Hardtops are a very desirable Barchetta option, transforming the car into a snug little coupe — you should budget on paying a £500-£700 premium on a used car with a hardtop thrown in with the deal. However, as Paul de Turris warns, it's not a case of simply buying one out of the classifieds. "Each hood is custom fitted to the car, and it takes around five hours of expert adjustment to get all the window gaps set up properly." Needless to say, if this hasn't been done the hood will leak, so quiz the owner as to the hard-top's source, look for signs of water stains on the interior, and get the ower to fit the top for a second test drive while listening for excessive wind noise or rattles. And remember, you'll need somewhere to store it when it is off the car.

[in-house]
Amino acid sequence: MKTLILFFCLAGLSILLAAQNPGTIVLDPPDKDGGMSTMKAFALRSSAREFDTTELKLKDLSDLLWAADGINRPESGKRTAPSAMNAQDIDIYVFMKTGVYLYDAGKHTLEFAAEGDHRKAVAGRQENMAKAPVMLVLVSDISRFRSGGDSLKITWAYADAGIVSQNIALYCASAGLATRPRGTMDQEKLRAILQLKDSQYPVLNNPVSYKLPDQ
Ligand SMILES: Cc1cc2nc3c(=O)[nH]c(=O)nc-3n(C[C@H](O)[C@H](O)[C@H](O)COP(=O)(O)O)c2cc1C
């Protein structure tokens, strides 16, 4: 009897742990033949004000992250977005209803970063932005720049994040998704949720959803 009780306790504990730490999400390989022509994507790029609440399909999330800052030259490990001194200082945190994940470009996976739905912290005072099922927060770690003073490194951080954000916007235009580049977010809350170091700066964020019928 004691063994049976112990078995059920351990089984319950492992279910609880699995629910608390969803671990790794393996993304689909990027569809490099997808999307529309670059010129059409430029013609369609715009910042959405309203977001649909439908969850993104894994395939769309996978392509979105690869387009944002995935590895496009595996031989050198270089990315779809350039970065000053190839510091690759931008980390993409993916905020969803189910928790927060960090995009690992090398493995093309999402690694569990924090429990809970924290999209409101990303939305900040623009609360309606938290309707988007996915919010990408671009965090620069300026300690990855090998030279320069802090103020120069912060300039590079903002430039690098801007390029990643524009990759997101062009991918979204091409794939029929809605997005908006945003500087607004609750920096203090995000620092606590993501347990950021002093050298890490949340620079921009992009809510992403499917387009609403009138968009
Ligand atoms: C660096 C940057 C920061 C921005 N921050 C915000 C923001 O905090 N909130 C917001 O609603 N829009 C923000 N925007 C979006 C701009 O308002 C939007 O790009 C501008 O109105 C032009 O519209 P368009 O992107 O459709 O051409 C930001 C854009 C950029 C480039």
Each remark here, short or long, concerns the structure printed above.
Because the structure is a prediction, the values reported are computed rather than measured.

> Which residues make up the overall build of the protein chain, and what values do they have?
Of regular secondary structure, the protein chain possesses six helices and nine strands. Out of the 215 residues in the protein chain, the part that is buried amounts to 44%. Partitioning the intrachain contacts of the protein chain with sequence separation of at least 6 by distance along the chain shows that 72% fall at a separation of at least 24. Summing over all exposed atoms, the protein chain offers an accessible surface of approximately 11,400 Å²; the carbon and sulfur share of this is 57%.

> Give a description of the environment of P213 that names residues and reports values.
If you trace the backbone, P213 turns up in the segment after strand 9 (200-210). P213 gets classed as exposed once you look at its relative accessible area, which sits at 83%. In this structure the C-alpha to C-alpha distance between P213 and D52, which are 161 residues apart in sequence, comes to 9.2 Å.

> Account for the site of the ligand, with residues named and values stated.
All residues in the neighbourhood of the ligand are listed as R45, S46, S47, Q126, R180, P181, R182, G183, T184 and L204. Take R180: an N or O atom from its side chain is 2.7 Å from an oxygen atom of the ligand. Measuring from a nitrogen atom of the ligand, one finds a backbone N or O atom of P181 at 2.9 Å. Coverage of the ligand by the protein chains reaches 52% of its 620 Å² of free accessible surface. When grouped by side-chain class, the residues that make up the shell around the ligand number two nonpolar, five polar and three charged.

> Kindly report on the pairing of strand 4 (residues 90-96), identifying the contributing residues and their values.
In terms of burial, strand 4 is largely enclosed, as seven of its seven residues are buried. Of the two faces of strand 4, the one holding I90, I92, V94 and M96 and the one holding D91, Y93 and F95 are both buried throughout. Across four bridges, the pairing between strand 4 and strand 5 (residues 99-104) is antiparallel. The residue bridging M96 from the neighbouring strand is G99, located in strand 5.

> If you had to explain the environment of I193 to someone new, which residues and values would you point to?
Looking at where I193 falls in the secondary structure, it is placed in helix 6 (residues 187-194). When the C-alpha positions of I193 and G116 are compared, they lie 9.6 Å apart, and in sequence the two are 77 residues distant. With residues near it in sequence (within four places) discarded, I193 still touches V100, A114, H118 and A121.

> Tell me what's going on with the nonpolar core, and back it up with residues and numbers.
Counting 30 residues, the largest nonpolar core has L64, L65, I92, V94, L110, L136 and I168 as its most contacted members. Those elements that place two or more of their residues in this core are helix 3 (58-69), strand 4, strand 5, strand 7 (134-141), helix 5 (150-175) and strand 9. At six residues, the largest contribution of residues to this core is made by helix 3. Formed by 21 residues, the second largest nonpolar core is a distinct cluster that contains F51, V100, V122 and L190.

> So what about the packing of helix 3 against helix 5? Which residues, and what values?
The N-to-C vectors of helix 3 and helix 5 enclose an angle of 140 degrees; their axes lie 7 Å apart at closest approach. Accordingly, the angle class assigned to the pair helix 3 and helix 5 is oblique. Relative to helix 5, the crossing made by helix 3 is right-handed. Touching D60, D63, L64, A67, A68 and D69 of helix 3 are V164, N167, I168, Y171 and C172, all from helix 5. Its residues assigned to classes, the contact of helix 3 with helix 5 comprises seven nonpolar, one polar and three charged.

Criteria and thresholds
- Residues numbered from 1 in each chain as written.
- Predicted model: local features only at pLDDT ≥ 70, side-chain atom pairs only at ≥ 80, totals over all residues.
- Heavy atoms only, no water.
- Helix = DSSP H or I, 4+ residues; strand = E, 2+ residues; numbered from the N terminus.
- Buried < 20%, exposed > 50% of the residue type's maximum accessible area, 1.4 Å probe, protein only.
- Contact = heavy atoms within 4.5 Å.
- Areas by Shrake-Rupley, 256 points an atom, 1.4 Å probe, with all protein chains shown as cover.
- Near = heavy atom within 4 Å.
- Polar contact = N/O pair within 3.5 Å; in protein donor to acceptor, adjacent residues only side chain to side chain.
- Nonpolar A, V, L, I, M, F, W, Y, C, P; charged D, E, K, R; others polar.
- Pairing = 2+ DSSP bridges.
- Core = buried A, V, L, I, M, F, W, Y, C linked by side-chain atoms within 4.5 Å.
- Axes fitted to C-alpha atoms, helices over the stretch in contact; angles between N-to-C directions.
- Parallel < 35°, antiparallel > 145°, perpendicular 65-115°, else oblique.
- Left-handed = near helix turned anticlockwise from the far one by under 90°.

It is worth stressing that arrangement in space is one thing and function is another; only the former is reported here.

Buy on condition is the best advice here. Avoid cars showing sighs of abuse or neglect, and ones with many unsympathetic owners and, ideally, cars without ABS. The special editions with leather are the best buys, and the most popular colours are silver, black, and metallic blue. If you are on a budget, you could negotiate a good price on a far less popular yellow, burt orange, green or red car, but you may have trouble selling it on later. Hardtops are always nice, but make sure they have been properly fitted.
Thanks to DTR, Mortlake
(0208 878 6078)